Combat is impressively close to the style found in the original, eschewing turn-based action for a more hands-on approach. Each party member fights on their own and holding down the attack button causes Noctis to automatically wail on the enemy you’re targeting, while occasional prompts will give you the option to perform a special attack with one of your teammates. Noctis can warp-strike to any enemy on the field at the cost of MP, and occasional QTEs can give you a brief window in which an incoming attack can be dodged or parried. The issue with all of this isn’t so much the design of the battle system, but the way in which Pocket Edition HD makes little effort at pushing you very hard.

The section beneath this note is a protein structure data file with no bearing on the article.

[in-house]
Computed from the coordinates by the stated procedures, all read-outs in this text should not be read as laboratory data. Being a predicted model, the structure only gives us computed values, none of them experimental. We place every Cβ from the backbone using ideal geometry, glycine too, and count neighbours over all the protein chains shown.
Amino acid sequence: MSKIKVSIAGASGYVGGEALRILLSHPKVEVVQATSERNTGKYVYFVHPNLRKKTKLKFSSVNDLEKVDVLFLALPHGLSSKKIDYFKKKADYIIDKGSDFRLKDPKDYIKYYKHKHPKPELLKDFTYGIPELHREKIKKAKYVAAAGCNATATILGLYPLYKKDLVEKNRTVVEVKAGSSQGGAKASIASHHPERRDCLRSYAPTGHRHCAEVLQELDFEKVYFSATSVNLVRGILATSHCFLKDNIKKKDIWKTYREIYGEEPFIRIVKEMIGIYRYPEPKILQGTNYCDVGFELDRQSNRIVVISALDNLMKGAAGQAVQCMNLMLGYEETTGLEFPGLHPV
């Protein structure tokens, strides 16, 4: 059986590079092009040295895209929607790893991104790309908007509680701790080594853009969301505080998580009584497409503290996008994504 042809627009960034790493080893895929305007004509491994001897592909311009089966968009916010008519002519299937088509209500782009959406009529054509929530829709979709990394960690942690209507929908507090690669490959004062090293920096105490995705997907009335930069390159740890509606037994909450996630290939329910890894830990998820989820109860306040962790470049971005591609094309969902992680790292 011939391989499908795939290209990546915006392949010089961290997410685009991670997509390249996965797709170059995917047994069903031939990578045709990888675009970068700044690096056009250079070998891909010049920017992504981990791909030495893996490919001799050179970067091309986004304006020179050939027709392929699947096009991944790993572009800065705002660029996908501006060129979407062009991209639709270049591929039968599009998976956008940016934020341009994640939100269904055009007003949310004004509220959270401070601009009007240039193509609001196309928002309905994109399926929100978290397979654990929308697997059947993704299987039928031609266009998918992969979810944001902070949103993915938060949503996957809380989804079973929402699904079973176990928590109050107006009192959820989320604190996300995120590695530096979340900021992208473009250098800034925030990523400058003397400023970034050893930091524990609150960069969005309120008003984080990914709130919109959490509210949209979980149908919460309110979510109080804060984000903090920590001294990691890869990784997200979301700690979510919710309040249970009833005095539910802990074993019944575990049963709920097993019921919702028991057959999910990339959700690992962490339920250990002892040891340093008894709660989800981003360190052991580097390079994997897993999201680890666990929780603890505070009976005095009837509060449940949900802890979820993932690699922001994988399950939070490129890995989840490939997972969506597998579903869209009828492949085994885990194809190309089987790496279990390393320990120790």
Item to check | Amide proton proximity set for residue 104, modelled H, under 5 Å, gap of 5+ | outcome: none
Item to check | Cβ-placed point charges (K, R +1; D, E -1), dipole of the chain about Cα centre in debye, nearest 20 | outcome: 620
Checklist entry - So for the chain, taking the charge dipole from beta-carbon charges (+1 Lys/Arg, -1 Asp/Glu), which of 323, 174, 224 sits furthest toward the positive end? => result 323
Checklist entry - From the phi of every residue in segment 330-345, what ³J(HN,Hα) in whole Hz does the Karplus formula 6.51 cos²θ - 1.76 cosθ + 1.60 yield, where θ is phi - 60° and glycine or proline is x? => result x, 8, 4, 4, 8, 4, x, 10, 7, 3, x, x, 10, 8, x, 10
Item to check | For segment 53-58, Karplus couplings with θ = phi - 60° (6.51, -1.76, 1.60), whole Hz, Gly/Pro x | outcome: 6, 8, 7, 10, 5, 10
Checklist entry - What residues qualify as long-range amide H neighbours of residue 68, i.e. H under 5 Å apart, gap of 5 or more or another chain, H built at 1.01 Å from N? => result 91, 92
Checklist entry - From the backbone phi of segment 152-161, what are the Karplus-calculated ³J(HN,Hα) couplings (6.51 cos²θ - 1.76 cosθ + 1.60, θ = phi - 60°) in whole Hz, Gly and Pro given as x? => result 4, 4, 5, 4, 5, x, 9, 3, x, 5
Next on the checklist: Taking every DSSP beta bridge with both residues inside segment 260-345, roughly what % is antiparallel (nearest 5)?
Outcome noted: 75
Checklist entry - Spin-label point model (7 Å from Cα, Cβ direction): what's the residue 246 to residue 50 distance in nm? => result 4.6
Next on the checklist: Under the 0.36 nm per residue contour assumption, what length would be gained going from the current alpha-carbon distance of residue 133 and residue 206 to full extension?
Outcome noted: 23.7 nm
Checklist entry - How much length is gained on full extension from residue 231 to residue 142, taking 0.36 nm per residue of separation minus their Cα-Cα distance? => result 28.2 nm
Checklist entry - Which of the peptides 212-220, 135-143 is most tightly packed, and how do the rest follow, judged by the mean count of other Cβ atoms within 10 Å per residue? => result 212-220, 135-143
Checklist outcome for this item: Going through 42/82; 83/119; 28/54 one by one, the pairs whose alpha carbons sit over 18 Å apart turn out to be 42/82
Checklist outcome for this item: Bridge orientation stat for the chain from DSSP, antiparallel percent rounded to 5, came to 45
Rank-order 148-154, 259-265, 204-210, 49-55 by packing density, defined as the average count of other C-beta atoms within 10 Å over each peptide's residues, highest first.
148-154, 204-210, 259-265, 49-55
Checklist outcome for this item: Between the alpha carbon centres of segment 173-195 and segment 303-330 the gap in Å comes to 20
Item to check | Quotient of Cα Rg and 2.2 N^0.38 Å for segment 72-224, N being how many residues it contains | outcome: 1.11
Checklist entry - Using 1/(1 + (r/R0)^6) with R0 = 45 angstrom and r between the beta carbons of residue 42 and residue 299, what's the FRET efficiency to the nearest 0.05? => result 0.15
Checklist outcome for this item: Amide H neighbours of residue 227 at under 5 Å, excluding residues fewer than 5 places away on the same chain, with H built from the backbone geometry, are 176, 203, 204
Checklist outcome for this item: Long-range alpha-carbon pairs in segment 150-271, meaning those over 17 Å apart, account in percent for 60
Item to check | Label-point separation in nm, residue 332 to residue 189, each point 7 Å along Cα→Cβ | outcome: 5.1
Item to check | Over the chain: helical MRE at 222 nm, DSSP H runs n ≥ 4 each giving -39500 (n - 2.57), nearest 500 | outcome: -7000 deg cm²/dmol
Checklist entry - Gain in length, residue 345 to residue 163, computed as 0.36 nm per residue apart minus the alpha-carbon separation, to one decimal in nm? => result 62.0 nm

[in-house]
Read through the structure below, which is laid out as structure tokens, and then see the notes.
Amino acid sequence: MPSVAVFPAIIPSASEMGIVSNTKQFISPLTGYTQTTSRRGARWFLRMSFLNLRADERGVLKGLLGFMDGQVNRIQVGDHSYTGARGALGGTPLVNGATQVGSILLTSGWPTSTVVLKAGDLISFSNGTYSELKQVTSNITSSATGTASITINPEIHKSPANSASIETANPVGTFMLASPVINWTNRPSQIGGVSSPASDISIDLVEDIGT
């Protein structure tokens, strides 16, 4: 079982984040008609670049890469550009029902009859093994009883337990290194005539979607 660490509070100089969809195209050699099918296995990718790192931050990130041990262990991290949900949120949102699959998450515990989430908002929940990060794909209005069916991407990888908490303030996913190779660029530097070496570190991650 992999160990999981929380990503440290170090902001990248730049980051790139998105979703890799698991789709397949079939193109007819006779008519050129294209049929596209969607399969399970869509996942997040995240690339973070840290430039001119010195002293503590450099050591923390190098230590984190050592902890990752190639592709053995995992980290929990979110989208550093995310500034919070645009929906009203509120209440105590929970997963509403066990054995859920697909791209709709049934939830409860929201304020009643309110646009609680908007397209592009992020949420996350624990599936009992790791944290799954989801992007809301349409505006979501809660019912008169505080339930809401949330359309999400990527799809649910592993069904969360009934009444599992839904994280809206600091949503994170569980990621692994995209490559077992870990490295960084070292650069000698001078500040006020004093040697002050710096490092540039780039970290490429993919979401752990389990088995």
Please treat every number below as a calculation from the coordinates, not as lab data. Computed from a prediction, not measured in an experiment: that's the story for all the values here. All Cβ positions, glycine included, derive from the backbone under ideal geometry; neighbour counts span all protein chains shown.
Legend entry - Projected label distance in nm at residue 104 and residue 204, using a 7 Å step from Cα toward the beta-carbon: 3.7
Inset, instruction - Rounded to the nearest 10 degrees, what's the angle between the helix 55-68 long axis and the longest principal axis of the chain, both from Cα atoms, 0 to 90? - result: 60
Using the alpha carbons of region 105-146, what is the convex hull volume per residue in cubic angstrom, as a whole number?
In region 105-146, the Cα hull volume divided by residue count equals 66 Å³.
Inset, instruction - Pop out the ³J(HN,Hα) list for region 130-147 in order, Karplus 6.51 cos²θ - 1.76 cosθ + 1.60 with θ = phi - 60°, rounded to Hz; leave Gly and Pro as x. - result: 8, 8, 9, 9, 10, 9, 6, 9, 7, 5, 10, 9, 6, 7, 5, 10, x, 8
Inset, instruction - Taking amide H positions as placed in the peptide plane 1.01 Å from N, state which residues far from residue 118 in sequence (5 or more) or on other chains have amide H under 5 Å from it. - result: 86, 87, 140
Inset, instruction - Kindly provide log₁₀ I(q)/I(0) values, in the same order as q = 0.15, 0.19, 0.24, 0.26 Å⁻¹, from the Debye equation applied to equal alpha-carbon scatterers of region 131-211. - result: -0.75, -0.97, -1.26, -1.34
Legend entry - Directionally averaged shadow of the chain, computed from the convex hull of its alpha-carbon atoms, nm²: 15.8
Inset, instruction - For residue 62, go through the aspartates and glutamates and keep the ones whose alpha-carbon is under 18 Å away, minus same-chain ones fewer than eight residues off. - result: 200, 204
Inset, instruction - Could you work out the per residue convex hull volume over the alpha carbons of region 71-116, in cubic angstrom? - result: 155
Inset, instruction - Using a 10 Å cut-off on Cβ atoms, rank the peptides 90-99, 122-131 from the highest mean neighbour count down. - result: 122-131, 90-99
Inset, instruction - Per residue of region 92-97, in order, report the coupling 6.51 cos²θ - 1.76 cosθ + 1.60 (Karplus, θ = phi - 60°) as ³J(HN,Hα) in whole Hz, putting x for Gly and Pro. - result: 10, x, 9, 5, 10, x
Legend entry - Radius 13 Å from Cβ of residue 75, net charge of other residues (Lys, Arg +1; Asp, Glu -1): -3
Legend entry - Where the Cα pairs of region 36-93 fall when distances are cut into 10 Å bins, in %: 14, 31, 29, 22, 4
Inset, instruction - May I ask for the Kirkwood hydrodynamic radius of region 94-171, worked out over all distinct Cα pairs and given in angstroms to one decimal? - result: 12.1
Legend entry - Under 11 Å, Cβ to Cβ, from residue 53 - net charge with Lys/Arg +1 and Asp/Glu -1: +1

Final Fantasy XV wasn’t a difficult game to begin with, but Pocket Edition HD strips away almost any hint of challenge, leaving you with a product that’s a bit of a chore in extended play. It can be fun to battle through enemies and dungeons in brief sessions, but after enough time passes, the illusion of challenge wears off and you realize that you’re fighting through the same basic enemies that pose no real threat. In the rare event that your health does get too low, maybe in one of the boss fights, you can just pop one of the dozens of hi-potions the game doles out in generous supply and keep up the attack. This results in a combat system that becomes less about smartly outpacing worthy opponents and more about wailing away on damage sponges until you can progress further; it’s flashy and exciting in small servings, but there’s not a ton of substance to keep you invested.